Robbie Fulks remains one of the savviest country-folk artists extant. For better or worse, the singer-songwriter is also one of the most underappreciated. In a career that spans more than three decades, Fulks has made a dozen solo records, penned music-related pieces for a variety of outlets, continuously toured, hosted a program for XM radio, served as an accompanist for the likes of Dr. John, and further maintained contemporary relevance by delivering songs spiked with soulfulness, wit, and unerring detail. Fulks released the excellent Upland Stories on Bloodshot Records in April and recently spoke with Music Direct about its inspiration, the recording process, and what he still hopes to accomplish.
You once said you were satisfied with how 2013's Gone Away Backward was received. How do you feel about the reception of Upland Stories?
I think people got it. I'm always ready to sell another 250,000 copies.
How did spending time in the Upland South inspire you?
All the ways are old because the bulk of time I spent there was when I was between seven and 17 years old. So the inspiration is the usual sort of unwittingly self-mythologized memory that I suspect any older person has about his formative times. In this case, it's mixed with the common pool of artistic work about that area – the music and books. Fiddles, banjos, the black church, rivers, mountains, loneliness, hot weather, Christianity.
Steve Albini has engineered several of your records. What leads you to keep working with him?
Besides being gracious, smart, accommodating, and efficiency-focused, Steve has a clear taste in how music should be presented that I can by now anticipate and work well with. He likes things un-prettified and mixed with a minimum of apparent effort. Two or, at most, four hands on the faders, his and mine, feeling out moves as the tape goes by, as they did in all those great-sounding records from before the early 1960s.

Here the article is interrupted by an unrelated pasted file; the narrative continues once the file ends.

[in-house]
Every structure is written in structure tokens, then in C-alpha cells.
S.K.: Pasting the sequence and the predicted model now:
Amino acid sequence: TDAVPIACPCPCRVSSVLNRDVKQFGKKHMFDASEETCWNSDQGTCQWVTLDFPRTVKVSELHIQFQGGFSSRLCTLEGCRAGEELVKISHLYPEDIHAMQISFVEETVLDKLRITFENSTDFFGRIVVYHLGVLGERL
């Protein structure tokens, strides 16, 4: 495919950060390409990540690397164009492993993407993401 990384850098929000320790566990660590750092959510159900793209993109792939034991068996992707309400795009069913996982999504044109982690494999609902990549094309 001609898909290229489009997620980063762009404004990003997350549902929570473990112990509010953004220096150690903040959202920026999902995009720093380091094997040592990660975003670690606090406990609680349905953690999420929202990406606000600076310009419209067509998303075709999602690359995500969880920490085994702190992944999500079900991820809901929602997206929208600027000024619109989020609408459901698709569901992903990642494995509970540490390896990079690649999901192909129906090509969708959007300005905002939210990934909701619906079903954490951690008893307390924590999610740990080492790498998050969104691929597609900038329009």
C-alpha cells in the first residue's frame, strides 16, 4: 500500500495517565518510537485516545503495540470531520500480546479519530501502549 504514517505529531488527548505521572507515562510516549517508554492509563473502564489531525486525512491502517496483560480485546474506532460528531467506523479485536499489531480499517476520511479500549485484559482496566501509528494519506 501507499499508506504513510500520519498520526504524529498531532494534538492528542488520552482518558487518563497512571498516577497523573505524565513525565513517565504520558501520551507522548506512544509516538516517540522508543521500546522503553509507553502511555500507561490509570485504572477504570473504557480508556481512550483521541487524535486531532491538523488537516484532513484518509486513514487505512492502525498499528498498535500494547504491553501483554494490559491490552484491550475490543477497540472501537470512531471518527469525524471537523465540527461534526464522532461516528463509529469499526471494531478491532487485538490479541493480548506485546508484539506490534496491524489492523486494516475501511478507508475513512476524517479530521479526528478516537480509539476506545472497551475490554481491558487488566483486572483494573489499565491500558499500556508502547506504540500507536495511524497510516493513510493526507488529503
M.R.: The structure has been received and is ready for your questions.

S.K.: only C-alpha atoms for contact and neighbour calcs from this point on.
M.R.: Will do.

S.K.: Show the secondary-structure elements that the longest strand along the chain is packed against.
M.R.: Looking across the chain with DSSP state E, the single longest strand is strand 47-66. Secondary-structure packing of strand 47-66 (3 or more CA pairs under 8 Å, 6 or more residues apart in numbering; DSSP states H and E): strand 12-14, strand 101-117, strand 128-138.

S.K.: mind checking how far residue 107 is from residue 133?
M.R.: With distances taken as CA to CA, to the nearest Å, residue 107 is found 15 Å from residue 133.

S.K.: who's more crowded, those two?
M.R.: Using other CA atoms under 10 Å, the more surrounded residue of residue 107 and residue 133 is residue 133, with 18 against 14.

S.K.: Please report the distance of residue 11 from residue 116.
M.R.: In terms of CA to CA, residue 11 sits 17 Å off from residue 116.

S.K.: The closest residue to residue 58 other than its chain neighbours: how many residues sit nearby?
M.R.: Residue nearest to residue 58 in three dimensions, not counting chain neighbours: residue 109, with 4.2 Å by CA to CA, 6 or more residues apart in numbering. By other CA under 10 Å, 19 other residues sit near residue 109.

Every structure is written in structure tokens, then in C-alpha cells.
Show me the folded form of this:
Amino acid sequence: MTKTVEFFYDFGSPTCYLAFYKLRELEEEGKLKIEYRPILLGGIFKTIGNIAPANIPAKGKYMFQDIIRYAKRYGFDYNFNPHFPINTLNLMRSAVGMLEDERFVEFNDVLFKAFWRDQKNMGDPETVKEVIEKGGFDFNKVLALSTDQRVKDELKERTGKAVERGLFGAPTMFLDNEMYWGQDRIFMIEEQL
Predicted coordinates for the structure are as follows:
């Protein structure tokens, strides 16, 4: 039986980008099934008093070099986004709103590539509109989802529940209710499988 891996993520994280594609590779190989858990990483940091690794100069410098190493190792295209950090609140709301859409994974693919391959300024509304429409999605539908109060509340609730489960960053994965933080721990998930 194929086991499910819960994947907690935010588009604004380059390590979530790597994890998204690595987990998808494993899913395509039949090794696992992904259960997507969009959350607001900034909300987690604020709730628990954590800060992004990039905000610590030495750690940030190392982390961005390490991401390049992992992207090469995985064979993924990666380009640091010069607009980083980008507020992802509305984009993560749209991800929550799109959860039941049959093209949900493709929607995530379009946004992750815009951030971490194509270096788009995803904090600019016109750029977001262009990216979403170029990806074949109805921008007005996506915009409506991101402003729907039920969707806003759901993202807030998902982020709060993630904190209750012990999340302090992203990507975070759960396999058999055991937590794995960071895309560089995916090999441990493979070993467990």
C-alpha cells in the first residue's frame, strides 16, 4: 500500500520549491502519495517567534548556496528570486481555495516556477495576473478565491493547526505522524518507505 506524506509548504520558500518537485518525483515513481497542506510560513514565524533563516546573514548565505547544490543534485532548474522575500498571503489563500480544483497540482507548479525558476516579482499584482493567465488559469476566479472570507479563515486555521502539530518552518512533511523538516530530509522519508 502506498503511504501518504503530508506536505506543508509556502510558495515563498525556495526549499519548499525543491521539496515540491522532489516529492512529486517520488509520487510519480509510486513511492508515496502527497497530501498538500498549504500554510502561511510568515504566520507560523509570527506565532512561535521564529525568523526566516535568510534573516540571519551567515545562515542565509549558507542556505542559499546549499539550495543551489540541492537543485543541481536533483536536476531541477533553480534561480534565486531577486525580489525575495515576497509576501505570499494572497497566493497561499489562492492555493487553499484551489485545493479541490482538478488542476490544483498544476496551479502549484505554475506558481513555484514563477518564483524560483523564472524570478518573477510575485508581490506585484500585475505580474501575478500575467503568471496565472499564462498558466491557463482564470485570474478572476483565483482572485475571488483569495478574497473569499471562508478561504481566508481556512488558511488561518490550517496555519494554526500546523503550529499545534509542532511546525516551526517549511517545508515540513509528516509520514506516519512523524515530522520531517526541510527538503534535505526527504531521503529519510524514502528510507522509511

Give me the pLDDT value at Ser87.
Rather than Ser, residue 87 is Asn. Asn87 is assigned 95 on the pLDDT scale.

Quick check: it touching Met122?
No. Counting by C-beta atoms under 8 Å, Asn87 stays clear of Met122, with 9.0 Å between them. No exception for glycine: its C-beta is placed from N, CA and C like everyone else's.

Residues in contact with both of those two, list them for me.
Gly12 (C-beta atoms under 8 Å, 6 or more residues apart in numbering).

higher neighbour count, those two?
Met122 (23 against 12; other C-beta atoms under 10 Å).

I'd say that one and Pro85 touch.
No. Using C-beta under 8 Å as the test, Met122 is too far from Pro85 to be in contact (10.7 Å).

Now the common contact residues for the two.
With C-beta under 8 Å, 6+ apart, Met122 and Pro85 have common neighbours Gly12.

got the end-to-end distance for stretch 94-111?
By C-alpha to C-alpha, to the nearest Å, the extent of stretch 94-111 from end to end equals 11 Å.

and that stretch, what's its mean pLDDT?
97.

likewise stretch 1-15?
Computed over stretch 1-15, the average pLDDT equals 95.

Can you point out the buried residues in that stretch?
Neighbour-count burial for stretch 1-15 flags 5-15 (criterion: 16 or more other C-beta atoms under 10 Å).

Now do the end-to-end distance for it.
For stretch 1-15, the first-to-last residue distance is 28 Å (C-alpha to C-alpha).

You told the Austin Chronicle that at this point in your career you can play with anyone you want. What musicians would you like to work with – and with which you haven't yet collaborated?
Ha, two names leap right to mind: Paul Franklin and Brian Blade. Thinking a few seconds longer: Rudy Royston, Jim Keltner, Chris Wood, Don Byron, Tim O'Brien. Those are all guys that are broadly experienced in supporting and enhancing other people in a big range of styles. Then there are people that don't really do that, who stick to one personal specific thing, and a few of them might be on my list too, just because I admire them a lot – say, Joey Spampinato, Annette Peacock, Anita Wilson.
You recently declared your love for Cheap Trick and wrote on your blog: "I'm no expert on rock music. I don't even really like most of it all that much, though I guess I could say the same about country." Can you elaborate on that last statement?
I find that I like about five percent of almost every music style, although the kind I'm known for – country, bluegrass, folk – seems to be the kind that speaks to my DNA the loudest!
What draws you to book continuous residencies at [Chicago club] the Hideout, and what's the best part about such consistency?
I've been doing a Monday residency since 2010. It ends in a couple months. The best thing about it is having a friendly place to experiment and try things out in front of a patient audience.
Looking back at the past, what is your proudest moment?
Hm. Playing on the Opry I guess. I was on there four or five times in the mid-aughts.
Looking ahead, what goals do you still hope to accomplish?
Making music for plays and movies, raising my guarantees and selling more records, playing with musicians with interesting and divergent minds.
Photo credit: Andy Goodwin